OR WAIT 15 SECS
Regulatory Affairs Professionals Society's Executive Director, Paul Brooks, discusses the looming uncertainty about what will happen after the UK leaves the European Union as many important details remain unclear.
Now that Prime Minister Theresa May’s request for a Brexit deadline extension has been granted, it will provide time to make needed preparations. Uncertainty about what will happen after the UK leaves the European Union has been a major concern for regulatory affairs professionals working in pharmaceutical and medical device
companies since the day the result of the Brexit referendum was announced in 2016. Regulatory professionals provide strategies and guidance to ensure needed healthcare products continue to flow into healthcare systems and are available to patients across Europe. Clarity on how the post-Brexit EU regulatory system and a newly separate UK system will operate relative to one another is urgently needed. Regulatory strategies responding to any change take significant time and resources to implement and need to continuously address clear regulator expectations.
Unfortunately, now more than two years later, many important details remain unclear. Taking additional time to hammer out important points and possibly get a deal in place could only help, but it will be critical to use the extra time productively. In the end, if UK and EU regulations, processes and procedures diverge significantly, or if the two sides fail to agree on some form of mutual recognition, it could lead to duplication of regulatory efforts, most likely resulting in increased costs, time and resourcing for manufacturers, and possibly threatening the availability of current life-saving medicines and medical technology for healthcare providers and patients, as well slowing down access to enhanced or innovative solutions.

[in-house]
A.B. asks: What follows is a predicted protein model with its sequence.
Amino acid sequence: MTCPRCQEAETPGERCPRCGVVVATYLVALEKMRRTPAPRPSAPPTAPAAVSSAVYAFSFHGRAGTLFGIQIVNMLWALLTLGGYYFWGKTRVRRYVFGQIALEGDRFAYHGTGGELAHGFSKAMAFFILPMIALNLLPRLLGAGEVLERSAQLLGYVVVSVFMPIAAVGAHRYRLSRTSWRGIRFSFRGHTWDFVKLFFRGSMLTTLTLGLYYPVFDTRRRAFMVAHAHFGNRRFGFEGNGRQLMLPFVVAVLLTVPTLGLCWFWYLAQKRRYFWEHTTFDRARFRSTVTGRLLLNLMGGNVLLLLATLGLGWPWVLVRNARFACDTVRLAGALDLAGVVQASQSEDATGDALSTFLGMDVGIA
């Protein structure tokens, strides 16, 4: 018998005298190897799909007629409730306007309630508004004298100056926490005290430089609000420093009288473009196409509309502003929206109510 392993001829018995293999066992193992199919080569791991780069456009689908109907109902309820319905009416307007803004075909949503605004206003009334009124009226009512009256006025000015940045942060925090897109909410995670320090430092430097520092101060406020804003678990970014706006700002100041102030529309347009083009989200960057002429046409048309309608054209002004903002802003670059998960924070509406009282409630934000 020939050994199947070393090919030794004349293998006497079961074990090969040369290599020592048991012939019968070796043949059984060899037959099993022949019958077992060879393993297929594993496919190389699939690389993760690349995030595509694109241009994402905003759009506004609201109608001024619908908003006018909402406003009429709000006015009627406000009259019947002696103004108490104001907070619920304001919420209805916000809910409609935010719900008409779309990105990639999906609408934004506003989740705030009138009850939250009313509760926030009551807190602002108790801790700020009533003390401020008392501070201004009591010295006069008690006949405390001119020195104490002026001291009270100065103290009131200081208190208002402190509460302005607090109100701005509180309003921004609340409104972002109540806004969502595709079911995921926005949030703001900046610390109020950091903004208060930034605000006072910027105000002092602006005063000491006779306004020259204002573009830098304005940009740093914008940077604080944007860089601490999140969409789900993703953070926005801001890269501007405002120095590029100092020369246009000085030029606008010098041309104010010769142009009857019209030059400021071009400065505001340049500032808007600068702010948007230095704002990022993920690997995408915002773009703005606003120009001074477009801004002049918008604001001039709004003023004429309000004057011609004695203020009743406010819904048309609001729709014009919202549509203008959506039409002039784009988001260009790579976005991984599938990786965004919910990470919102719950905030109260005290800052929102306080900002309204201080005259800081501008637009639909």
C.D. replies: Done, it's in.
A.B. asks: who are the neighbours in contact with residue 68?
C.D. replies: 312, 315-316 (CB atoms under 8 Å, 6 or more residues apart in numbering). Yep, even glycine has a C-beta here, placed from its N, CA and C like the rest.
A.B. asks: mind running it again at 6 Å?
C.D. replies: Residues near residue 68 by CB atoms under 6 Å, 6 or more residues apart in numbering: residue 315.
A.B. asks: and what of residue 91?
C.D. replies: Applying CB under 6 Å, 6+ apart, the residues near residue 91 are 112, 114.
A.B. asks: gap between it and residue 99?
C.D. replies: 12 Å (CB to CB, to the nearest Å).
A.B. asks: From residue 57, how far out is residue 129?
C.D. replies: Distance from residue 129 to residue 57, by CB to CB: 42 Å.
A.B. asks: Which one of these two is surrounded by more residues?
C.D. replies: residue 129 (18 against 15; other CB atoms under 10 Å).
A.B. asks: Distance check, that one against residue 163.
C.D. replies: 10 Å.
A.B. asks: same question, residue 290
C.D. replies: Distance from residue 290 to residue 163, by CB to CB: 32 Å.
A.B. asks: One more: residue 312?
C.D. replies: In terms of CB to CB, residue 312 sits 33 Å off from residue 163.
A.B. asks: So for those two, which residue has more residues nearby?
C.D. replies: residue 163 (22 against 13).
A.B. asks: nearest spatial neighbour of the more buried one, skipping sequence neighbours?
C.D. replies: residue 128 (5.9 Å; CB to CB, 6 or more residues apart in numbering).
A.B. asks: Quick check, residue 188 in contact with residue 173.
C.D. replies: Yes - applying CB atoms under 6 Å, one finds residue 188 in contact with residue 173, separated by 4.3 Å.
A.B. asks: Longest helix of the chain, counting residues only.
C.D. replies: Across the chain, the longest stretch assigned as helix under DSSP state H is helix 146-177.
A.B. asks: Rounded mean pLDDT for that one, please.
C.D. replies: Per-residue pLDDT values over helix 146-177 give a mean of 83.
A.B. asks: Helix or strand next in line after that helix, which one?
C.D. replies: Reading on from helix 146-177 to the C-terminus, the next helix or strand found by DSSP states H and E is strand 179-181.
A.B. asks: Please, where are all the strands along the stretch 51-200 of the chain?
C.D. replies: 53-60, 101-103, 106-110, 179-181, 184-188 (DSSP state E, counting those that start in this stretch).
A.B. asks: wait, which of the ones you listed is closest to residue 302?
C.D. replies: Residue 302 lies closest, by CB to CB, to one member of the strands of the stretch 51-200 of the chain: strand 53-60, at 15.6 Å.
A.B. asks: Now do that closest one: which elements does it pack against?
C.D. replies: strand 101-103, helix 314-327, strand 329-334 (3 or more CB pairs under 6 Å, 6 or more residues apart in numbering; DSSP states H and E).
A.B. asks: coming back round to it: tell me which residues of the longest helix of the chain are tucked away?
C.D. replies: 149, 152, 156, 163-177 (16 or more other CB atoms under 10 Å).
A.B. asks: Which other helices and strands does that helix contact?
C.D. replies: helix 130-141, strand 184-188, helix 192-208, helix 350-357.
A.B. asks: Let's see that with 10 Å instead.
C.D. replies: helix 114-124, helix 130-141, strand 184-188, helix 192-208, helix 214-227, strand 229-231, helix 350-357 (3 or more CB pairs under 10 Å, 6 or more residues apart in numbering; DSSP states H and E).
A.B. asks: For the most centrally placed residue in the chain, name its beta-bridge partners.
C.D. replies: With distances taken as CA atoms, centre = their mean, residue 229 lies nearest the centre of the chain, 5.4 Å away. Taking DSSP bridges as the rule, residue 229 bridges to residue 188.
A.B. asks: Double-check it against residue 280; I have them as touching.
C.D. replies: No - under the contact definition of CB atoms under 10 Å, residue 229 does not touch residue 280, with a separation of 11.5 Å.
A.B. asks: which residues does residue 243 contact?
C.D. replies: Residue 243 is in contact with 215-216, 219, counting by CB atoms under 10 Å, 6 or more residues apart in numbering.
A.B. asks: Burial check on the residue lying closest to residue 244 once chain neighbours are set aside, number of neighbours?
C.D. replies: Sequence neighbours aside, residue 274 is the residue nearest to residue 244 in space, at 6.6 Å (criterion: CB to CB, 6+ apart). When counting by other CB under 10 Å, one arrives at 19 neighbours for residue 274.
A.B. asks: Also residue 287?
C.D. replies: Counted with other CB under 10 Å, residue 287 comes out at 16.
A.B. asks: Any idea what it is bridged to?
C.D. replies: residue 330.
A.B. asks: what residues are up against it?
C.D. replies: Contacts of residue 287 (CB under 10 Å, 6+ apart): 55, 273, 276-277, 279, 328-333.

The post-Brexit regulatory environment continues to weigh heavily on the minds of regulatory professionals who must guide and advise companies wishing to preserve access to such products. It is one of the major topics we will be examining at the upcoming RAPS Regulatory Conference – Europe 2019, this May in Brussels with separate sessions regarding pharmaceuticals and devices in the post-Brexit era.